Executive Director of Pew Commission Testifies on Resistance to Antibiotics and Banning Their Use In Food Animals

Executive Director of Pew Commission Testifies on Resistance to Antibiotics and Banning Their Use In Food Animals

WASHINGTON - Robert P. Martin, executive director of the Pew Commission on Industrial Farm Animal Production, today reiterated the Commission's call for a phase out and ban on antimicrobials for non-therapeutic use in food animals. Mr. Martin testified at a hearing of the House Energy and Commerce Subcommittee on Health on the reauthorization of the Animal Drug User Fee Act.  Mr. Martin's testimony comes just one month after the Commission released the findings and recommendation from its two-year examination of the impact of intensive confinement practices in industrial farm animal production.

“Capitol Hill has been quick to recognize that through the diligence of our Commissioners there are tangible steps that can be taken right away to curb the overuse of anti-microbials,” said Martin. “Eliminating the non-therapeutic use of these drugs will begin to lessen the problem of anti-biotic resistance.”

Mr. Martin's testimony noted that The Commission was so concerned about the indiscriminate use of antibiotics in food animal production, and the potential threat to public health, that five recommendations were put forth addressing their use.  They are:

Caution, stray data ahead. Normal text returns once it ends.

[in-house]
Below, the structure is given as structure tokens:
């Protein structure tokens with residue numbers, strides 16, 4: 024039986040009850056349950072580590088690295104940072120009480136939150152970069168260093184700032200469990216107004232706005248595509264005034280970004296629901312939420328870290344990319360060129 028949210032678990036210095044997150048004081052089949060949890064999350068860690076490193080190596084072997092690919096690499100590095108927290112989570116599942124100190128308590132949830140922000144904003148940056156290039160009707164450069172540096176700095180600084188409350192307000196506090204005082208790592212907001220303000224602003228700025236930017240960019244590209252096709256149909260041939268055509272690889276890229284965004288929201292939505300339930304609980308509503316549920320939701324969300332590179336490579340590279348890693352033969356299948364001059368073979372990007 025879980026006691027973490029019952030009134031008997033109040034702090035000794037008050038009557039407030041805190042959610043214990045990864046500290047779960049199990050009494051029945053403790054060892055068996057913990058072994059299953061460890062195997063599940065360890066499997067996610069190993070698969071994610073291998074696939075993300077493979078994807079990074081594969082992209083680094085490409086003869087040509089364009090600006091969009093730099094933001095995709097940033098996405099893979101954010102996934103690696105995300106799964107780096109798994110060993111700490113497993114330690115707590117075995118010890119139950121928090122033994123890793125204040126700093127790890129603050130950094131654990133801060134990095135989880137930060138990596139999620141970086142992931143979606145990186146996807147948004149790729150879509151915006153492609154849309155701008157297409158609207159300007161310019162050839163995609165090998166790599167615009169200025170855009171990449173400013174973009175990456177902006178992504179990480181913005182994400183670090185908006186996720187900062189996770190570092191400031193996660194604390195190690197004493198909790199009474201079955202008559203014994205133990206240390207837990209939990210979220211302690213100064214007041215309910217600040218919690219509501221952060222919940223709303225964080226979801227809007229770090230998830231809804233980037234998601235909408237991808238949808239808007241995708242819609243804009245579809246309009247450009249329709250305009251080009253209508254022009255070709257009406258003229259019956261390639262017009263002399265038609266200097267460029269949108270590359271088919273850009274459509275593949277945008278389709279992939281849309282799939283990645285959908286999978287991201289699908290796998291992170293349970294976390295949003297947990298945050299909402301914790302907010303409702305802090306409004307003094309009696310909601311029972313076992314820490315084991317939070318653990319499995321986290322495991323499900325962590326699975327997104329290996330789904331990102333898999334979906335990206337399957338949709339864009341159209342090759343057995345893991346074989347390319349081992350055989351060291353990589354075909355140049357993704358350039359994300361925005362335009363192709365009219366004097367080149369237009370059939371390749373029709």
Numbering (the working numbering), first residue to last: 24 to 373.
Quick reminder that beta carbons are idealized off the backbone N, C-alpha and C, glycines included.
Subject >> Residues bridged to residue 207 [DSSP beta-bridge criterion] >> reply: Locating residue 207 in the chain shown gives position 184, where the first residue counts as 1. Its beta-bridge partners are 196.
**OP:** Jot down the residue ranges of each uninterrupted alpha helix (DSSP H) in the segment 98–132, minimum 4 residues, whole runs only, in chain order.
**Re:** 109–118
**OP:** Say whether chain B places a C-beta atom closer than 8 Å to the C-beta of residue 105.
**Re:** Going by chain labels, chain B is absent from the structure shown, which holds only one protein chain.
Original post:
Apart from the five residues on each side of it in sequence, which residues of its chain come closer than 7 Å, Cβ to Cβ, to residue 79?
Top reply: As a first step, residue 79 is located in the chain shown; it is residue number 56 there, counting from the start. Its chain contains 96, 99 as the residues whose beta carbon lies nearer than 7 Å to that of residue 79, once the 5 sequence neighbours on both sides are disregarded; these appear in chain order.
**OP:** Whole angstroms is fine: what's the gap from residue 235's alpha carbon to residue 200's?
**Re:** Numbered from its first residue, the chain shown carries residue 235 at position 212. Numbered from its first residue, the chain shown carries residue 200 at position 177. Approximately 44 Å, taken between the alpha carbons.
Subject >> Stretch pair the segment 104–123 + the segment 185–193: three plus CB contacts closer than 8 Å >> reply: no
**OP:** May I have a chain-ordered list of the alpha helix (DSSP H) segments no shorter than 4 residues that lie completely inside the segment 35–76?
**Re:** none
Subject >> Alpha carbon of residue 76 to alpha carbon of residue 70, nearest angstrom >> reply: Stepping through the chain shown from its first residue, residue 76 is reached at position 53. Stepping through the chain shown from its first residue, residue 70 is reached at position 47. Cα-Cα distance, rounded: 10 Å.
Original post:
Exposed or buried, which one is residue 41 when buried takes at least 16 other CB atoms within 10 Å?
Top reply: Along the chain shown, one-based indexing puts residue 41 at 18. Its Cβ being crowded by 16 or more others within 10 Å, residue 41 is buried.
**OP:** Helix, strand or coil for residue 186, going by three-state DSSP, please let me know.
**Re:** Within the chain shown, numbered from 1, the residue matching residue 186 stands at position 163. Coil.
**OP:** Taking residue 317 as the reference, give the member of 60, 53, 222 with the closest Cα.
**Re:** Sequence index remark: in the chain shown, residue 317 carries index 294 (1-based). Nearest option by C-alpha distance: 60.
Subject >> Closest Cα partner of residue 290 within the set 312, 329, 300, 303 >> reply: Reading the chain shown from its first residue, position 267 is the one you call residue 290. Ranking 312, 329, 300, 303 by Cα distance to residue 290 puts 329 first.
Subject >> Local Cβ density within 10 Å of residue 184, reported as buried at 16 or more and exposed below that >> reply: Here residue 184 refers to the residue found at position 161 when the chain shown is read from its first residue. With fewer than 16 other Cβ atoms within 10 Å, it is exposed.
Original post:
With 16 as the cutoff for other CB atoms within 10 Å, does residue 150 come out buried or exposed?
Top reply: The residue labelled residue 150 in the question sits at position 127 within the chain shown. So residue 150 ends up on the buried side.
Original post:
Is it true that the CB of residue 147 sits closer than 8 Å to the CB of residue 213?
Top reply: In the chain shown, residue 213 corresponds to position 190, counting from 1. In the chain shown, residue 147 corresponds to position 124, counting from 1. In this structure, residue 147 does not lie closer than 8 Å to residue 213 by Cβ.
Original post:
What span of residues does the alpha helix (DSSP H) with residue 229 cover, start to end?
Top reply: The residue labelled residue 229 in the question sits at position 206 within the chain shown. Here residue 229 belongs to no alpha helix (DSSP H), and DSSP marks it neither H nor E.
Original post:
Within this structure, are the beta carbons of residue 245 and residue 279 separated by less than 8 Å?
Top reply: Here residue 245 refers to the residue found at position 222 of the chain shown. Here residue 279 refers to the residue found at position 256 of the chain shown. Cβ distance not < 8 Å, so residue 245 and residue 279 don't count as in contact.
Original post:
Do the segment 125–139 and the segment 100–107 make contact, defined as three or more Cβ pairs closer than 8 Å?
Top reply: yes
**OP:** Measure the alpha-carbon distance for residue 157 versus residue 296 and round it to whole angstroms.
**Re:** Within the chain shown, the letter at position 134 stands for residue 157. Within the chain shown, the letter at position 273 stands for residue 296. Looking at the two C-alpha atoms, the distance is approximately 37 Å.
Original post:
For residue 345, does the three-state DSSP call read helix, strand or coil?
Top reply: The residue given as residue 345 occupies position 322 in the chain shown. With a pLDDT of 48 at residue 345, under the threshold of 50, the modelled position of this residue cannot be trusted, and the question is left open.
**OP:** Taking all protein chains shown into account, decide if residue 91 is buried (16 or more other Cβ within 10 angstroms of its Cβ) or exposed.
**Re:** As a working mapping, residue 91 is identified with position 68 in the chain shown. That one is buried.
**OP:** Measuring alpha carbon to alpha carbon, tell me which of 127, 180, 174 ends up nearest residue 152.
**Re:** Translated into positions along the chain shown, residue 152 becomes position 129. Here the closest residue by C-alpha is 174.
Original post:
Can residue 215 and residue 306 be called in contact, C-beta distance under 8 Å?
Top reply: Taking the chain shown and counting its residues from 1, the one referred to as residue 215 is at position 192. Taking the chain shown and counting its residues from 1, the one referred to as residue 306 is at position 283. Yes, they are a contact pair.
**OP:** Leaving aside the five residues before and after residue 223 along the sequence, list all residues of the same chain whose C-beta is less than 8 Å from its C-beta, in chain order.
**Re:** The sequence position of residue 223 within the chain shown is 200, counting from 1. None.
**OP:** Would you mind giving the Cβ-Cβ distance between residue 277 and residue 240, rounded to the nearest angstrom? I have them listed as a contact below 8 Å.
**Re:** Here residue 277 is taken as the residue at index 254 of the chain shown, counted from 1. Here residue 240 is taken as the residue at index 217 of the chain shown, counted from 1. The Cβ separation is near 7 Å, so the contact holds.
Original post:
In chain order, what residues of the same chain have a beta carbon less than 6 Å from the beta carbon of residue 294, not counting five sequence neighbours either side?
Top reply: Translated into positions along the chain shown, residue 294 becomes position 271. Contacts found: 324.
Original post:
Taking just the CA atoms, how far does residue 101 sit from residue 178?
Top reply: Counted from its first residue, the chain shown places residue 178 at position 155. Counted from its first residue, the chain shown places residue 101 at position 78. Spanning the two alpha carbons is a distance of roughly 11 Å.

Recommendation #1: Restrict the use of antimicrobials in food animal production to reduce the risk of antimicrobial resistance to medically important antibiotics.

Recommendation #2: Clarify antimicrobial definitions to provide clear estimates of use and facilitate clear policies on antimicrobial use.

Recommendation #3: Improve monitoring and reporting of antimicrobial use in food animal production in order to accurately assess the quantity and methods of antimicrobial use in animal agriculture.

Recommendation #4: Improve monitoring and surveillance of antimicrobial resistance in the food supply, the environment, and animal and human populations in order to refine knowledge of antimicrobial resistance and its impacts on human health.

Recommendation #5: Increase veterinary oversight of all antimicrobial use in food animal production, to prevent overuse and misuse of antimicrobials.

The Pew Commission on Industrial Farm Animal Production (PCIFAP) is an independent project of The Pew Charitable Trusts and Johns Hopkins Bloomberg School of Public Health to investigate the problems associated with industrial farm animal production (IFAP) operations and to make recommendations to solve them.  Fifteen Commissioners with diverse backgrounds began meeting in early 2006 to start their evidence-based review of the problems caused by IFAP.

The Commission released its full report on April 29, 2008, that included 24 primary recommendations.  Mr. Martin's testimony and a full copy of the report can be found at www.pcifap.org.